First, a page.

- The use of undefined terms including wholegrain, sourdough, artisan and heritage/ancient grains to name and market substantively different products.
“Each of these represents a totally unnecessary obstruction to shoppers accessing fundamentally important information about a staple food, for whatever reasons they want or need it,” said Young.
“Clearly the market is failing to self-regulate, while the lack of actual regulation leaves consumer protection bodies all but powerless to act in cases of misleading marketing and incomplete/absent ingredient labelling.”
On 27 August, the Campaign named and shamed numerous examples of sourfaux on UK supermarket shelves – including products from big name brands like Warburtons, Hovis and Allinson’s, along with retailers like Asda, Sainsbury’s and Morrisons – at prices comparable with ‘the real deal’.
So, what's the difference?
According to the consumer watchdog, rather than a look, style, taste, trend or fad, sourdough is a process. Yeasts and lactic acid bacteria that are naturally present on the surface of grains end up in flour, and it is these that are nurtured to create a starter culture. Genuine sourdough bread making does not involve the use of baker’s yeast, chemical raising agents or additives.
Having a relatively low concentration of yeast cells, dough made from a sourdough starter requires a longer fermentation than that made using baker’s yeast. But it is this slow, time-honoured process that characterises the bread’s unique taste and texture. It also means greater costs for the baker in time, equipment and skill – and now exacerbated by skyrocketing costs of energy and ingredients.
While this translates into a higher price for sourdough, it is these Real Bread bakers that keep money circulating in local economies and support jobs.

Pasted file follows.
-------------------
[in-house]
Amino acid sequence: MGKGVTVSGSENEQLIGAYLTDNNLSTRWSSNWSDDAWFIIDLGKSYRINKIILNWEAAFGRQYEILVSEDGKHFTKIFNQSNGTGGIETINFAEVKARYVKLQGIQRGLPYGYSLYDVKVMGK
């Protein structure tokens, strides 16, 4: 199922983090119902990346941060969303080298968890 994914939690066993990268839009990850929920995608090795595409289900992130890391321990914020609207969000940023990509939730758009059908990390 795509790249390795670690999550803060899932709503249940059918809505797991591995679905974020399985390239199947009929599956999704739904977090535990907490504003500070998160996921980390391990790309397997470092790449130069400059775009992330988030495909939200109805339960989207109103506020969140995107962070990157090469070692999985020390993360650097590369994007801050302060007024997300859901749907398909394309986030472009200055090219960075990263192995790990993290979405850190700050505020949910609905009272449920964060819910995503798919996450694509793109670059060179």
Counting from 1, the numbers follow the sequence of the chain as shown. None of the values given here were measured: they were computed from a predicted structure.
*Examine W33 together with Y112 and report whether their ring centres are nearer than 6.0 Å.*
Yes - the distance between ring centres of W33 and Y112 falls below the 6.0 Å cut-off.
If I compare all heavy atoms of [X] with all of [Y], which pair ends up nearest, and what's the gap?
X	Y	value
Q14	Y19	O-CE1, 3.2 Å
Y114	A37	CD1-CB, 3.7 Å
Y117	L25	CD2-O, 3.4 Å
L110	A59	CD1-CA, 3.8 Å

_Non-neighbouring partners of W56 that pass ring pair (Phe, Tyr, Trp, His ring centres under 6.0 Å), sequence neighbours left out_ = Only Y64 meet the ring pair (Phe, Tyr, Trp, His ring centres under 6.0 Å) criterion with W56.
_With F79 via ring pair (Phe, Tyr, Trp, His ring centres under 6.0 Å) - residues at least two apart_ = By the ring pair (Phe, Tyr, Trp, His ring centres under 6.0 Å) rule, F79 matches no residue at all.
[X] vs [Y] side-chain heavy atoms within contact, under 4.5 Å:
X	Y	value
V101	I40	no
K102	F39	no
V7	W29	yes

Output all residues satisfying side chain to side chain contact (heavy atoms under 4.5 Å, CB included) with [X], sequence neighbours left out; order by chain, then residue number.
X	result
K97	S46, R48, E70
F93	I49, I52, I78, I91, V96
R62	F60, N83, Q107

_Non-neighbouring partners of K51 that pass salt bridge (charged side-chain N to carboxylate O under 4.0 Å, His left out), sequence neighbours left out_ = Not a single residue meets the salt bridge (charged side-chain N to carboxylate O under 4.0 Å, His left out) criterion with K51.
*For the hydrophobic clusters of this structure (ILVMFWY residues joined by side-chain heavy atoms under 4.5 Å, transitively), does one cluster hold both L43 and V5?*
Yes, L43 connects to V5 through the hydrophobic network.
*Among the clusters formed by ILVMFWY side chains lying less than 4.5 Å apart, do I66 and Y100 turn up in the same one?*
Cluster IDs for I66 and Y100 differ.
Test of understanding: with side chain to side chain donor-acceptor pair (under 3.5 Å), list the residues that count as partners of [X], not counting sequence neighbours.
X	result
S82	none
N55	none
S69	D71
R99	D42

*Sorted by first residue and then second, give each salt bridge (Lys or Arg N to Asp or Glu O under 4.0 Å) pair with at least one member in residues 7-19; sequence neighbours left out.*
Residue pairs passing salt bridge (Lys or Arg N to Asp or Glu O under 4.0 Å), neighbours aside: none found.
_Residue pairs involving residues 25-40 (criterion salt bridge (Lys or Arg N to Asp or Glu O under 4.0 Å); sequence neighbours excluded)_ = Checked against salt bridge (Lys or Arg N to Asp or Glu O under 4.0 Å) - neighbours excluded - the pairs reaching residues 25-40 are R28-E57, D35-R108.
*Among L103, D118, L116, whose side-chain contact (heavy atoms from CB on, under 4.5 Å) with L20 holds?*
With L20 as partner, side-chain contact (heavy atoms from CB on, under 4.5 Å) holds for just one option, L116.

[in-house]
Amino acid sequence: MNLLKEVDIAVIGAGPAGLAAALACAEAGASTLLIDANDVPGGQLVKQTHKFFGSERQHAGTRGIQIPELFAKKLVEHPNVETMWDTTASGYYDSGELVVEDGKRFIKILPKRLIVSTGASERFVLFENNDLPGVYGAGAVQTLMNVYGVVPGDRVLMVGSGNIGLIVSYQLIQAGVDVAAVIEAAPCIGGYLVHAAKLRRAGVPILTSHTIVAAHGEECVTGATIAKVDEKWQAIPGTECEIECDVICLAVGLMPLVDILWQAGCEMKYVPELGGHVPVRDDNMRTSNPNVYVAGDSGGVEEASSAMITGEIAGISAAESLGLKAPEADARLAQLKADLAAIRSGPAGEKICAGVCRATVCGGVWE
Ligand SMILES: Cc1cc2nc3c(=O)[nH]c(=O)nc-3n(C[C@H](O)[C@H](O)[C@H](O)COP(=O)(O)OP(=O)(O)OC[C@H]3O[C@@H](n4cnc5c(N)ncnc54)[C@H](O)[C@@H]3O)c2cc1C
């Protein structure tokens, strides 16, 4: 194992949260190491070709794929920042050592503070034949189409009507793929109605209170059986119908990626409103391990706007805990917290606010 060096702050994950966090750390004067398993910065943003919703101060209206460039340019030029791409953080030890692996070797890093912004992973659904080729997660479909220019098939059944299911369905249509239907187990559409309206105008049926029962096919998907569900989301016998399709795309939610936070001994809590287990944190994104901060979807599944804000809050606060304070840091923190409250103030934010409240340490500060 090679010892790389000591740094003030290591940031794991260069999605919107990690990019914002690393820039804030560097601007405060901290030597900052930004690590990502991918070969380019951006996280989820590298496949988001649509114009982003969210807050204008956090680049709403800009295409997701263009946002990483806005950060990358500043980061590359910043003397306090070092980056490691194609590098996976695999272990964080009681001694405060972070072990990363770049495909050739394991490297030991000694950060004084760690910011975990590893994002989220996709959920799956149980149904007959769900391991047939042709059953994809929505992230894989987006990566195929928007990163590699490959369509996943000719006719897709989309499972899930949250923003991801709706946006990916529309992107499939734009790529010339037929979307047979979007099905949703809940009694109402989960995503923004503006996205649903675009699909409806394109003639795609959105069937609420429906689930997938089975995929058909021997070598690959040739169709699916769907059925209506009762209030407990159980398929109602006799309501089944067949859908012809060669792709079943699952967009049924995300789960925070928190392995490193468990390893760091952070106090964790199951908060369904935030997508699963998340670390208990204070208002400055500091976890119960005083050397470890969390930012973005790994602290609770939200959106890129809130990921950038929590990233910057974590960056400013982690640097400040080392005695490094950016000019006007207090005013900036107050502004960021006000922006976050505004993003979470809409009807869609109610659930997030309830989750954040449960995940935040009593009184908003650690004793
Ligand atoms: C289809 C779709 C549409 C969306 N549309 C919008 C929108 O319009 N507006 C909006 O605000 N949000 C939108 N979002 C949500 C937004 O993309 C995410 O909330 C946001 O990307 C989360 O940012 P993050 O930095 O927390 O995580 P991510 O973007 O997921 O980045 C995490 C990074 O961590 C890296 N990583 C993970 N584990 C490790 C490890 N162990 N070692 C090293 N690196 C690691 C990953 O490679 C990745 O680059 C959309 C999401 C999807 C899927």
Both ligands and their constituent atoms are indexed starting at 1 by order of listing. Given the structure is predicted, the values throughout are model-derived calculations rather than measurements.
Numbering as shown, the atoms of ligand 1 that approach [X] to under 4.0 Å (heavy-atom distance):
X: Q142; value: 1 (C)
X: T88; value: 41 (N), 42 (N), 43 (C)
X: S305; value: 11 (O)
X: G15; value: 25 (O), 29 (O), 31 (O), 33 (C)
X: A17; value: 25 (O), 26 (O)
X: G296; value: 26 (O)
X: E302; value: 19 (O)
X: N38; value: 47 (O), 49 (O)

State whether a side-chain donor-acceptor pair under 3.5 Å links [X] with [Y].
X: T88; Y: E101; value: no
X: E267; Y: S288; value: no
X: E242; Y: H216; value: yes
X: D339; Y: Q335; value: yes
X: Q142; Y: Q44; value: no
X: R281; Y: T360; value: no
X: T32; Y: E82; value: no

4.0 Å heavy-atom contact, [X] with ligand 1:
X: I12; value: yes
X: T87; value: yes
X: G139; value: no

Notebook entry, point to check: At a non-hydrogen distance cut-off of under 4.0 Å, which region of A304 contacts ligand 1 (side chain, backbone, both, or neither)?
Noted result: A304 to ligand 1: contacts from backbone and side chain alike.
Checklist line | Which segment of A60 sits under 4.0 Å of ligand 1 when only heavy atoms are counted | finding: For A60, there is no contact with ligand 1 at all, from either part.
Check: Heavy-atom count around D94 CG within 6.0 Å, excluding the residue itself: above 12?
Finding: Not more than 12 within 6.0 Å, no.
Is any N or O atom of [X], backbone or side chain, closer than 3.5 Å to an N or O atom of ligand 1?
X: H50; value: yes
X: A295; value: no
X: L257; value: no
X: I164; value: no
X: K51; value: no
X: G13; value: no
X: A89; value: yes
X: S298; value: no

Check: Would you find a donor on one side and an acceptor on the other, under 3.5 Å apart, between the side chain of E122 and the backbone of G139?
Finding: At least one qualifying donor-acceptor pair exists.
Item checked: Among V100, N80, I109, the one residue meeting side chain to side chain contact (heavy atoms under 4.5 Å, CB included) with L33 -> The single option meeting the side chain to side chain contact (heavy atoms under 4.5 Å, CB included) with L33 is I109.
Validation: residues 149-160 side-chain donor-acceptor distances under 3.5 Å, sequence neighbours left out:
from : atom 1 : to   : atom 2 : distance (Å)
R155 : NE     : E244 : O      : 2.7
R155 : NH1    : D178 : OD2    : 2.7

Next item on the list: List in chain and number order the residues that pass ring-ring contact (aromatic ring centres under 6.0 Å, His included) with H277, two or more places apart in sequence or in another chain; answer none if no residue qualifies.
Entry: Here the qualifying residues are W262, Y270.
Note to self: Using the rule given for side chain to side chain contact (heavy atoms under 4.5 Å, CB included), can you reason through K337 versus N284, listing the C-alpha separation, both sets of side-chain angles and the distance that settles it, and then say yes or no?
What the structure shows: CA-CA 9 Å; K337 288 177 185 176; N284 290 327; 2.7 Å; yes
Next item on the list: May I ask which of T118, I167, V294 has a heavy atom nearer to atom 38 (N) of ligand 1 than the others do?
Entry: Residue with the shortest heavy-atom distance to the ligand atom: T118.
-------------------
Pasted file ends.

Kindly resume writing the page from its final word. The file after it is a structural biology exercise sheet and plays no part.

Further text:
“How can companies justify charging premium prices for products manufactured by standard processes? Someone trying to pass off vodka with a drop of scotch in it as single malt whisky would be stopped. Why is this sourfaux free for all being allowed to continue?” queried Young.
Don’t ignore us
Despite Defra’s snub, the Real Bread Campaign is not abandoning its quest and said it will respond to the consultation before the 23 November deadline.
In the meantime, it is encouraging even more people to sign up to its Honest Crust Act e-action, which enables them to ask their local MPs to urge the government to include legal definitions of a range of common bakery marketing terms, and full ingredient labelling of unwrapped loaves.
It also advises consumers to always read the label and to look for The Sourdough Loaf Mark.
“If these simple legal definitions were adopted for our nation's staple food, a whole new era of exciting and important innovation would be unleashed by challenger brands, especially around health. Without them, the race to the bottom will continue, helping no one, least of all the consumer,” said Leo Campbell, co-founder of Oxford-based Modern Bread.
“Transparency in labelling should be enforced in all products, especially universal family staples. Please help to inform and educate our country why this is incredibly important to our sector,” added Patrick Moore, owner of more? the artisan bakery.
“Please do something positive for the artisan and microbaker industry and support what the Real Bread Campaign is saying. Don't ignore us,” urged Keith Kirby, founder of Lekito in Guildford.
Sourdough for all
Run by the food and farming charity Sustain, the Real Bread Campaign has launched its annual Sourdough September campaign; this year encouraging bakeries to pilot schemes that make genuine sourdough bread more affordable.
Suggestions include inviting those customers who can do so to pay a little extra to cover reduced priced loaves for those hit by the cost-of-living crisis. A scheme might be funded by a pay-it-forward system that invites customers who can to pay an extra 50p-£1, which is then issued as a discount vouchers for those in need during the month.
“While it’s good to see bakeries discounting or giving away leftover loaves at the end of the day to stop them going to waste, the idea of Real Bread For All is helping people on tight budgets to walk into a bakery at any time of day and buy a loaf like any other customer," said Young.
The Campaign is also showcasing baking classes, food festivals and other ‘fermentalist’ events taking place in September around the globe, along with a map of Read Bread bakeries. Typically, said Young, #SourdoughSeptember generates 4,000-5,000 tagged posts from around 60 countries on Instagram alone.
Limited edition ‘Say no to sourfaux!’ T-shirts, aprons and mugs are available until the end of September.